JCCC Honors Journal


The purpose of this paper is to analyze the construction of religion and social identity in India. Religion is an incredibly complex social phenomenon and must be examined holistically for a true appreciation of history. This paper follows the idea of authority and legitimacy, why religions are adopted, who designs administrations around them and how those administrations are informed. This ties into an examination of history, how it is written and what purpose that writing serves from a social perspective. This paper also examines how meaning systems coexist and affect each other, and how they in fact evolve together in a reciprocal process of development, and how identities are formed across people, in terms of defining one’s normative characteristics as well as the otherness of outsiders. By trying to envision the perspective of a group by unpacking the meaning system that underpins the group’s understanding, it may be possible to discern the nature of some conflicts. This may also allow for a deeper understanding of why some groups seemingly adopt definitions of themselves that are not conducive to their own history, but rather a functional byproduct of a neighboring group’s understanding. Finally, social divisions are examined from the perspective of observable religious syncretism in India, what factors brought it about, what sustained it, and why it disappears in some cases but not all.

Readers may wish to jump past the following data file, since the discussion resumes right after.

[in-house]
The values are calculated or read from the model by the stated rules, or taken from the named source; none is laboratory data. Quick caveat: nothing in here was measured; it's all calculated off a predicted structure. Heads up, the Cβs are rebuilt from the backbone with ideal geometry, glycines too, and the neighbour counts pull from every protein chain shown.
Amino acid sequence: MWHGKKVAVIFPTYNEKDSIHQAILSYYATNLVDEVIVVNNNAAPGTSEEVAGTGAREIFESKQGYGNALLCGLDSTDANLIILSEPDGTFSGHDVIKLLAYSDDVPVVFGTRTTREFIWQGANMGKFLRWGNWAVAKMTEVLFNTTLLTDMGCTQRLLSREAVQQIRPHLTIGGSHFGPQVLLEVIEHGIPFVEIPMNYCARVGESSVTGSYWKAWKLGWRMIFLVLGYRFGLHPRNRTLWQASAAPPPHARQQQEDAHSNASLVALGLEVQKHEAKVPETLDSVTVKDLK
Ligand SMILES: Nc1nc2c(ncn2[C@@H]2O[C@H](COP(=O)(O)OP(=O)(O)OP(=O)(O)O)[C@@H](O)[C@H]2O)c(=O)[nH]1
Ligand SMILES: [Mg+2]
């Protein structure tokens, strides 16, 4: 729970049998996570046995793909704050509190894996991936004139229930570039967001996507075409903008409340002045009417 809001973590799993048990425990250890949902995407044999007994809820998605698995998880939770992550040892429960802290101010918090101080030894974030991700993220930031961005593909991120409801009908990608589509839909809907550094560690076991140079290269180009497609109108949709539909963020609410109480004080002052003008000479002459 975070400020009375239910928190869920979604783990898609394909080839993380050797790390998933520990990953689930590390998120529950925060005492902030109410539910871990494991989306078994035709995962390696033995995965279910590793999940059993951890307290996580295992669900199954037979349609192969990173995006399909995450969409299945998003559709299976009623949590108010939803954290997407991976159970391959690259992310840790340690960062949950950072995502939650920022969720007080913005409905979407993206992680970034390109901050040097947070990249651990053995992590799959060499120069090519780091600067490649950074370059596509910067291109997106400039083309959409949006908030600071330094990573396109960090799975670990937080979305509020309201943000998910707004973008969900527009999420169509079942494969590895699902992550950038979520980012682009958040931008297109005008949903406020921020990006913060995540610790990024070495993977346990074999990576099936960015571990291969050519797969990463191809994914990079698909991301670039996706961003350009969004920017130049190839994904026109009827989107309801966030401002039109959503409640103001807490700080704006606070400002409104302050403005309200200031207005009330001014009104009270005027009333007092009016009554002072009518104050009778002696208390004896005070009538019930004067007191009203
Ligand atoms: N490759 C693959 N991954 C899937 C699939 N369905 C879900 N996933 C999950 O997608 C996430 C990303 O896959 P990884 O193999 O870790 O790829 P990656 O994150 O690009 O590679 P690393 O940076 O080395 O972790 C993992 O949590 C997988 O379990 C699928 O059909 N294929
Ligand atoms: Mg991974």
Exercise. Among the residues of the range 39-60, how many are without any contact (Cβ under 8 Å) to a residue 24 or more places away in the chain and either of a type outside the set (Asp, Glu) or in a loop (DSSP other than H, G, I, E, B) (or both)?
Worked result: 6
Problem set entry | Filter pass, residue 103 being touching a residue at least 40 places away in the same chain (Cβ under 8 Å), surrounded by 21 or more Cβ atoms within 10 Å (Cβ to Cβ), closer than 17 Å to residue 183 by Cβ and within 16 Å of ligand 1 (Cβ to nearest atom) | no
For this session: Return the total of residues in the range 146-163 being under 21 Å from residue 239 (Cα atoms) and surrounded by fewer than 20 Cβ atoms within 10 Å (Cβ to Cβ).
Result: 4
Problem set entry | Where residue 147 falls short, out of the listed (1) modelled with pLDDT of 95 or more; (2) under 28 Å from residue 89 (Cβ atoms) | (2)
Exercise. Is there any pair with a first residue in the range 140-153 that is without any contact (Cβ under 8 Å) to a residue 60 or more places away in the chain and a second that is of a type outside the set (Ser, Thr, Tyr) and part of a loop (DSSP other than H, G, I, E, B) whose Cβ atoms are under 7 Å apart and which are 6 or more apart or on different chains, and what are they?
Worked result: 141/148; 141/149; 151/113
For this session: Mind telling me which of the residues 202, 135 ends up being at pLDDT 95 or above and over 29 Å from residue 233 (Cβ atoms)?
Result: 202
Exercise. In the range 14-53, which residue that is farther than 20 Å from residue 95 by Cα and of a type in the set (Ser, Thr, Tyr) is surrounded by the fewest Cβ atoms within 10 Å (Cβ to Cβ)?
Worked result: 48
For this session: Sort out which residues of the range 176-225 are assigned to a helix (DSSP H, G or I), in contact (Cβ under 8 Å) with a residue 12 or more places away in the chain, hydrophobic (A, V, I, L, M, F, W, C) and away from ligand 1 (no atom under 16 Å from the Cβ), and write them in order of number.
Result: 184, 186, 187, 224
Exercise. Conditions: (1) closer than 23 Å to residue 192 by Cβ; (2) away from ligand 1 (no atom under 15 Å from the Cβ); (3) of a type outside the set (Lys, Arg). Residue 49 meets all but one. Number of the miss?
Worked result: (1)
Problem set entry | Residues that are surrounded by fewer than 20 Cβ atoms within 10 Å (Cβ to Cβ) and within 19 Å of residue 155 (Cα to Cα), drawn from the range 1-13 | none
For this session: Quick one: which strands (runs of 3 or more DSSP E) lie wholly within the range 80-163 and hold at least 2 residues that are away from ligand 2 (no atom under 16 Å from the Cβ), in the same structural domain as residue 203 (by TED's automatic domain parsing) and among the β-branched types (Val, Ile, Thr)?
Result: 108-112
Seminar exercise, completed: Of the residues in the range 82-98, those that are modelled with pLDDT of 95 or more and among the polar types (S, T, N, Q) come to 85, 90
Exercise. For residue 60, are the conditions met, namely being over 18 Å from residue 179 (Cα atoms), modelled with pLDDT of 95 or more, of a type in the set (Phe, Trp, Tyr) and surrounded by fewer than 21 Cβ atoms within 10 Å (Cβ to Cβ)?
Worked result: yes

Honors project mentor: Eddie Boucher, Adjunct Professor, History